Alexis Krauss and Derek Miller invite SPIN's cameras to New Jersey, where they paid tribute to MCA and chilled with a dog on the Red Hot Chili Peppers arena tour.

1.Pre-Show Primping

1/11

Just a few years into their career, Brooklyn haymakers Sleigh Bells have already released two hit albums of critically acclaimed noise-pop, the latest being February's Reign of Terror. They've toured the world and rocked massive festivals. And, as told in SPIN's March cover story, they've triumphed over personal tragedy. But, until May 4, they've never played a hometown arena show. Opening for the Red Hot Chili Peppers at Newark, New Jersey's Prudential Center, Jersey girl Alexis Krauss, guitarist-producer Derek Miller, and touring guitarist Jason Boyer allowed SPIN backstage before and after their show. DAVID MARCHESE

"Before we started the tour with the Chili Peppers, I was very anxious," admitted frontwoman Alexis Krauss, seen here doing some dressing-room prepping. "I just didn't know what to expect. We hadn't done a big tour like this. I was just hoping it would be a positive experience. It's been exactly that. The Chili Peppers have been incredibly welcoming and gracious and we've gotten a lot stronger as a band."

2.Pre-Show Primping

2/11

Just a few years into their career, Brooklyn haymakers Sleigh Bells have already released two hit albums of critically acclaimed noise-pop, the latest being February's Reign of Terror. They've toured the world and rocked massive festivals. And, as told in SPIN's March cover story, they've triumphed over personal tragedy. But, until May 4, they've never played a hometown arena show. Opening for the Red Hot Chili Peppers at Newark, New Jersey's Prudential Center, Jersey girl Alexis Krauss, guitarist-producer Derek Miller, and touring guitarist Jason Boyer allowed SPIN backstage before and after their show. DAVID MARCHESE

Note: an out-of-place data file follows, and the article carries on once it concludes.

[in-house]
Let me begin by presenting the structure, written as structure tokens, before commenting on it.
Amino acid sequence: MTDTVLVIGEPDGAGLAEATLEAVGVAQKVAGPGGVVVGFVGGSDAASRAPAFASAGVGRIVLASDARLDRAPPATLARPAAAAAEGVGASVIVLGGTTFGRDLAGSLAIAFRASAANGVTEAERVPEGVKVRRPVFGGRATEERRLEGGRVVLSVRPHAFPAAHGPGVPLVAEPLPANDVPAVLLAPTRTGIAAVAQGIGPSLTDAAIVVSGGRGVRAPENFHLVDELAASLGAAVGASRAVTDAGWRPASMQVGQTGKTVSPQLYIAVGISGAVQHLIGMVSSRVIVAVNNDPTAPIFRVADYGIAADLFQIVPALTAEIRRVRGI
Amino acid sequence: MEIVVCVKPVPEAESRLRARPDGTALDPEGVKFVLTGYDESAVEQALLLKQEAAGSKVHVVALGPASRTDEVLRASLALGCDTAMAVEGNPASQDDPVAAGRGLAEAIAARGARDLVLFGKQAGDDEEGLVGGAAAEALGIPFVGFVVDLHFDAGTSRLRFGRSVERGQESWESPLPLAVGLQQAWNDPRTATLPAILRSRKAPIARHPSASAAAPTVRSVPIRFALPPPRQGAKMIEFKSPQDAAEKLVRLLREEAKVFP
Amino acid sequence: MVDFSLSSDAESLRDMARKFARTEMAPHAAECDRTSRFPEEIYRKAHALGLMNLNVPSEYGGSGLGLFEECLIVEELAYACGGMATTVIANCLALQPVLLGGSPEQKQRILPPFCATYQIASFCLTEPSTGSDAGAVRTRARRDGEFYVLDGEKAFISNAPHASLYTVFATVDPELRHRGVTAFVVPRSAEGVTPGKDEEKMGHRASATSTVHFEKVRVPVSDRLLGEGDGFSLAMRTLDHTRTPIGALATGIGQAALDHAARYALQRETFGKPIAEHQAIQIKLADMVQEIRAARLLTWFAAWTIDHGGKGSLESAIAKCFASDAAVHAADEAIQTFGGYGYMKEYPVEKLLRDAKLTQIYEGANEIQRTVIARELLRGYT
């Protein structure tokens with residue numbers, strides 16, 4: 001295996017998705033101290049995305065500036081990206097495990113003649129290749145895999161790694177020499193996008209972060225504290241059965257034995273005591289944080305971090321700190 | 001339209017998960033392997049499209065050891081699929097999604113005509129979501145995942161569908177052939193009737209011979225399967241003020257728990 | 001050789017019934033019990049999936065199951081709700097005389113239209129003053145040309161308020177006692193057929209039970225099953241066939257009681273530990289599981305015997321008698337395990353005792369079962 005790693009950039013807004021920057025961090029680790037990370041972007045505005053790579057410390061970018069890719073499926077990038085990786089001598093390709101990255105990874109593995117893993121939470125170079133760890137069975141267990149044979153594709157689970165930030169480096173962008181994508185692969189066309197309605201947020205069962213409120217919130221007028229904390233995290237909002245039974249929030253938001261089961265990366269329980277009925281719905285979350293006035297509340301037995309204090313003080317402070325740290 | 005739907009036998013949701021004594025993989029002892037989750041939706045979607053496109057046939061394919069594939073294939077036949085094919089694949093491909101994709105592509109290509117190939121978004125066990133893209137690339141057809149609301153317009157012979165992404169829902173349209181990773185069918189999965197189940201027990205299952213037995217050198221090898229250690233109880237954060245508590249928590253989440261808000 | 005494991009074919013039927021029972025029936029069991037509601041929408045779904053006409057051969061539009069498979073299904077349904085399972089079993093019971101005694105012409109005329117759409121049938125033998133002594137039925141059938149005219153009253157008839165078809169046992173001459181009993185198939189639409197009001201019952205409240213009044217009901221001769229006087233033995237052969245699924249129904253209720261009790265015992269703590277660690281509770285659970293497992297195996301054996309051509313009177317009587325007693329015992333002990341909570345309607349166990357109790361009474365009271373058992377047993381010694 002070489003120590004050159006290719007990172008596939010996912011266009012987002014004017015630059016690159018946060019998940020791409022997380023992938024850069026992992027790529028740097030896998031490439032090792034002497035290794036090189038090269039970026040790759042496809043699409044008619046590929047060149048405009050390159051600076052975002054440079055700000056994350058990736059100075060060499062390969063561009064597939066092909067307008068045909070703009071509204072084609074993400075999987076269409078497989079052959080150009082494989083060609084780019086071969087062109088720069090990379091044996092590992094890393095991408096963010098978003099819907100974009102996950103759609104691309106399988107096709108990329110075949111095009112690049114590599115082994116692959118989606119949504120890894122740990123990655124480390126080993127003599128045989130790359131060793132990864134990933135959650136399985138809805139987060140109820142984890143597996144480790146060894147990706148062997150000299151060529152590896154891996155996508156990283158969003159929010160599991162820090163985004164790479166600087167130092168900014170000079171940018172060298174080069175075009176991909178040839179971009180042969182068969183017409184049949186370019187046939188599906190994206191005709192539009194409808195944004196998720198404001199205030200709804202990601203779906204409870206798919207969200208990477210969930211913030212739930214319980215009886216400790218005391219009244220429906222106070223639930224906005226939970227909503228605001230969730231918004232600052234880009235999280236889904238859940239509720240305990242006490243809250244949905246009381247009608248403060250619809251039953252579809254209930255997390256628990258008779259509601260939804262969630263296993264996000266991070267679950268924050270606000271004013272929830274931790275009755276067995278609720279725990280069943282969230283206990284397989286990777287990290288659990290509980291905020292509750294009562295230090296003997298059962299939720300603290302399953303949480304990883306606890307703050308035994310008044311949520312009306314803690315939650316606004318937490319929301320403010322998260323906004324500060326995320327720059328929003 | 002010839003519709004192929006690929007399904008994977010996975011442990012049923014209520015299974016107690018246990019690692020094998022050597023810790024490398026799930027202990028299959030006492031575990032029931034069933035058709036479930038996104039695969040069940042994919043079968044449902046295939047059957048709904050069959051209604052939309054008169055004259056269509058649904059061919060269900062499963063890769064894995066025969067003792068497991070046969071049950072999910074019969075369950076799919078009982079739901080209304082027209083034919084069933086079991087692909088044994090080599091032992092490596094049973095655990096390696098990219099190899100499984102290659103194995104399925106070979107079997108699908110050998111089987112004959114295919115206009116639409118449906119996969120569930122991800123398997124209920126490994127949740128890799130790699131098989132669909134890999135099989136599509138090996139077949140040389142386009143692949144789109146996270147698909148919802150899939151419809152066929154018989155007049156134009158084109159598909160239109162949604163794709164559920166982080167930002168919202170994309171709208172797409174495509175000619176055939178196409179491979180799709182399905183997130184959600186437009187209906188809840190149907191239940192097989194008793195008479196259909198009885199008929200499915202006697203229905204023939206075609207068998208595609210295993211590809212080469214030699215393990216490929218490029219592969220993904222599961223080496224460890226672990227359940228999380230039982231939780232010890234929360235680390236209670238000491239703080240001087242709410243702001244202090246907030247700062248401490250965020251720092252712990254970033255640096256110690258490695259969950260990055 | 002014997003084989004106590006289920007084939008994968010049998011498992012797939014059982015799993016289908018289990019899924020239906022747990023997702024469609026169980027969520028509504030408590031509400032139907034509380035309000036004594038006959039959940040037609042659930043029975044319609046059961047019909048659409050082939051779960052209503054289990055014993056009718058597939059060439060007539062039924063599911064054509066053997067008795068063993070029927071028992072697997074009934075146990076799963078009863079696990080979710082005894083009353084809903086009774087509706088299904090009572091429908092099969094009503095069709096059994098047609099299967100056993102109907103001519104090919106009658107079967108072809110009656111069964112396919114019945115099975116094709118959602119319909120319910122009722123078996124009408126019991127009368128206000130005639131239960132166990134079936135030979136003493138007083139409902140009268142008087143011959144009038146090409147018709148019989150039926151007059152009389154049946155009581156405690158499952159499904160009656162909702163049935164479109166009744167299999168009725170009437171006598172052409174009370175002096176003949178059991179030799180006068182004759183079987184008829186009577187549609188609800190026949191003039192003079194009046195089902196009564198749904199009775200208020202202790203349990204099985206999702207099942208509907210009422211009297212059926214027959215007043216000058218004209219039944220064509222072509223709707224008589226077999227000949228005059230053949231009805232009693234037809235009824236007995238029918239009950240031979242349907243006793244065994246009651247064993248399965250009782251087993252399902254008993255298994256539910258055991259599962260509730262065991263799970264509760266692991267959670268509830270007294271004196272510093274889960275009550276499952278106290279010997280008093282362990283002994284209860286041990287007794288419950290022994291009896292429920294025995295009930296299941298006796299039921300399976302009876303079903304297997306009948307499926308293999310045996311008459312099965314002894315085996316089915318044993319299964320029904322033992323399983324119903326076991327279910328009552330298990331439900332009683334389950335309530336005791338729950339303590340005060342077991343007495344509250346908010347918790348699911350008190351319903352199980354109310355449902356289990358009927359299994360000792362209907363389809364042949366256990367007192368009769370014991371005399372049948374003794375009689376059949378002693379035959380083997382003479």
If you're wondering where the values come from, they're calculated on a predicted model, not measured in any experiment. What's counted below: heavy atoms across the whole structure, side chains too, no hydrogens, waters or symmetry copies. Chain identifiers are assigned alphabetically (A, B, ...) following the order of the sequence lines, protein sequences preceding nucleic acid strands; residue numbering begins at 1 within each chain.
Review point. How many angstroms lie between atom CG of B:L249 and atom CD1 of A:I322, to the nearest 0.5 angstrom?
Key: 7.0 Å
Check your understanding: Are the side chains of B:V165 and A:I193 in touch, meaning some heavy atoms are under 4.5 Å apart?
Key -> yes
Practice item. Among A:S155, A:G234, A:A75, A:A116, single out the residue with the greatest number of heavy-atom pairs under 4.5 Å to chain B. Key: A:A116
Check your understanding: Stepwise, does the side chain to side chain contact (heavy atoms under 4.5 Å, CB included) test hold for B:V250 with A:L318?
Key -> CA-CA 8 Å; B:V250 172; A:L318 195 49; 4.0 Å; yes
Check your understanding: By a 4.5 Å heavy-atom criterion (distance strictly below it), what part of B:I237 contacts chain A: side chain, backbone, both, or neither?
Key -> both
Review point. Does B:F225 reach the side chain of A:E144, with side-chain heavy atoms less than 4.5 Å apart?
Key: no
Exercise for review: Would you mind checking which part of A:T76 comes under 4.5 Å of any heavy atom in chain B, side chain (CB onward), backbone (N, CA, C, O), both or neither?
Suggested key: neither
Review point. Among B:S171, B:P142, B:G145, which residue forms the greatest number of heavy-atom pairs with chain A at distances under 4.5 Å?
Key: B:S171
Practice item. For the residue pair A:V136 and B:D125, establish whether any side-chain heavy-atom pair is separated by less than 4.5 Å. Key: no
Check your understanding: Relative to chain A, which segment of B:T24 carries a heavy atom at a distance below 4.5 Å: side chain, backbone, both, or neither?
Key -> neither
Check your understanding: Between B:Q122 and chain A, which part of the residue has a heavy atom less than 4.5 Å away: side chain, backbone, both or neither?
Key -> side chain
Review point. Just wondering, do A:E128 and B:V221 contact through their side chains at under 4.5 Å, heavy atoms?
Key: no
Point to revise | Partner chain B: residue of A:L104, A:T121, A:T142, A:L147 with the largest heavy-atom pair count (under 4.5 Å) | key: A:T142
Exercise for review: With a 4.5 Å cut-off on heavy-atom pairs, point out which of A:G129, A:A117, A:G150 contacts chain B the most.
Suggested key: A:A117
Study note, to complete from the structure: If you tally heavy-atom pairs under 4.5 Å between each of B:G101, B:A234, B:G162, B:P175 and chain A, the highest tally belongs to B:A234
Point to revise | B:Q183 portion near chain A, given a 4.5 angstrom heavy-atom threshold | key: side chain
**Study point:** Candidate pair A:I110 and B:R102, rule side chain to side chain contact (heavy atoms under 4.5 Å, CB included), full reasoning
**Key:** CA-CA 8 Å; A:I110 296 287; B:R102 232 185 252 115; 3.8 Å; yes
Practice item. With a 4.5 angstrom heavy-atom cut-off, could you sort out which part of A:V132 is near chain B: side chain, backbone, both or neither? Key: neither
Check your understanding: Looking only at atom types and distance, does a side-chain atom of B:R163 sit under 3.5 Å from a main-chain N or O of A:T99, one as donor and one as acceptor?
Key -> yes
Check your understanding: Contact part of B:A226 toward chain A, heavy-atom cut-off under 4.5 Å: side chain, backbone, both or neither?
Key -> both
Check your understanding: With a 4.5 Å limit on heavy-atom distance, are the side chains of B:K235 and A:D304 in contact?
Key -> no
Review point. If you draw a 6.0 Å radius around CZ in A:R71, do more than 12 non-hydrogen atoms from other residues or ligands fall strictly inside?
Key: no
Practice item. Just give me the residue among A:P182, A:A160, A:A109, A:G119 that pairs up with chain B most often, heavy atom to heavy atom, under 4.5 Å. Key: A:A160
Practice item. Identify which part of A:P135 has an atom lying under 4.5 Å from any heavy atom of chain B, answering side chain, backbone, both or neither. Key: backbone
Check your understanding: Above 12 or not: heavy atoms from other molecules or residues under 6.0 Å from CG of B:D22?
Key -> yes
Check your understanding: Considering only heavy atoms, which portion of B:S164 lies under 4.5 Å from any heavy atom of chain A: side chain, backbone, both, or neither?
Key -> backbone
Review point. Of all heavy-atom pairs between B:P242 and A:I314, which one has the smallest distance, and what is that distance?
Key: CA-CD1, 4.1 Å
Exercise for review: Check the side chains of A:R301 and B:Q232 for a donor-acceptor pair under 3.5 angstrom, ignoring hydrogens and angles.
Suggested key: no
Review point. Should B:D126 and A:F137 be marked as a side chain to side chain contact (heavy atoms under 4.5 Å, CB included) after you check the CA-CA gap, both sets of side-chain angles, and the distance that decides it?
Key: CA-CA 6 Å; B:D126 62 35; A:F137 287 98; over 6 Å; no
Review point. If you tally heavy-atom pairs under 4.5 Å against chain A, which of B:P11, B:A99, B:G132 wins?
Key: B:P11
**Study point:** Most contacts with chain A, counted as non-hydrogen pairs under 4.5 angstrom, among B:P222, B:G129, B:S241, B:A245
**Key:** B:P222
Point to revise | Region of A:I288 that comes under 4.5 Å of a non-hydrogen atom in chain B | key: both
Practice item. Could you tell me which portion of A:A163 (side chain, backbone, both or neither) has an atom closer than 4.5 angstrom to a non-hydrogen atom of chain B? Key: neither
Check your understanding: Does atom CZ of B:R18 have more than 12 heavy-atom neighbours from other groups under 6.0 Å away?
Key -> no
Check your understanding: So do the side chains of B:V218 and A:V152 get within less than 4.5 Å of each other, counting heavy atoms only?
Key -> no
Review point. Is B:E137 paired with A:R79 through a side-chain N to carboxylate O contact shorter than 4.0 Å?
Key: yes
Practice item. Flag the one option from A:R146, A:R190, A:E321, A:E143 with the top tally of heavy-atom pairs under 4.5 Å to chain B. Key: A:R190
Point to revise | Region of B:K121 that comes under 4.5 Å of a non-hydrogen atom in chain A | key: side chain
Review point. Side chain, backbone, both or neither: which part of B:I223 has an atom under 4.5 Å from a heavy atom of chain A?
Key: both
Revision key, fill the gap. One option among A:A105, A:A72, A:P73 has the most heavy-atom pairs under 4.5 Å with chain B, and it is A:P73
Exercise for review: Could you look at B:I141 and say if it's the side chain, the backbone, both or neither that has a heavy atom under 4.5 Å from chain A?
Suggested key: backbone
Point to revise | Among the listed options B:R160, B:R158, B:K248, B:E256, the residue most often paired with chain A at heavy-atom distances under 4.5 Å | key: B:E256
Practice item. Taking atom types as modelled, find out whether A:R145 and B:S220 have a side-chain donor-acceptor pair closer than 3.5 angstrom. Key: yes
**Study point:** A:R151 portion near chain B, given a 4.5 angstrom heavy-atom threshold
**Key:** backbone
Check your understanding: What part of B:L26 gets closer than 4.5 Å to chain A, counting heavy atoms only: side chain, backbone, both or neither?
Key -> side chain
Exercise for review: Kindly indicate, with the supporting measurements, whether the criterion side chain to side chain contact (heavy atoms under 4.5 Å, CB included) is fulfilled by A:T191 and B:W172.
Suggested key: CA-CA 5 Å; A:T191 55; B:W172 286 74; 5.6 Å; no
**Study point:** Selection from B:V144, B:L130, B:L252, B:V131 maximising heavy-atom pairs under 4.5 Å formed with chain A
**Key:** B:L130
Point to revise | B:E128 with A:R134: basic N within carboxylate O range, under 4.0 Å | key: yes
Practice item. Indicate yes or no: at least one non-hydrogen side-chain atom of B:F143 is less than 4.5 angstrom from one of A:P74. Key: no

"Before we started the tour with the Chili Peppers, I was very anxious," admitted frontwoman Alexis Krauss, seen here doing some dressing-room prepping. "I just didn't know what to expect. We hadn't done a big tour like this. I was just hoping it would be a positive experience. It's been exactly that. The Chili Peppers have been incredibly welcoming and gracious and we've gotten a lot stronger as a band."

3.Game-Planning

3/11

Playing arenas for the first time has been a learning experience. "You think it's going to be this intimidating thing," said guitarist Derek Miller, seen here discussing the finer points of noise-pop with Krauss. "But you realize that playing a big room is almost less overwhelming than playing a club that's got a 200-person capacity. At arenas, the crowd just becomes an anonymous mass. The show becomes almost as much about the chemistry between the three of us on stage as it does about the space it's happening in."

4.The Set List

4/11

In addition to a reminder to let the crowd know they were watching a local girl, Krauss made a note on the set list to share some more somber feelings — the passing earlier in the day of Beastie Boy Adam "MCA" Yauch. "We just found out about it," said Krauss on that night. "Flea was telling us how he'd spoken to MCA just a few weeks ago. Rest in peace." As a tribute to their fallen comrade, the Chilis had Beastie Boys songs piped over the arena's PA before the Sleigh Bells took the stage.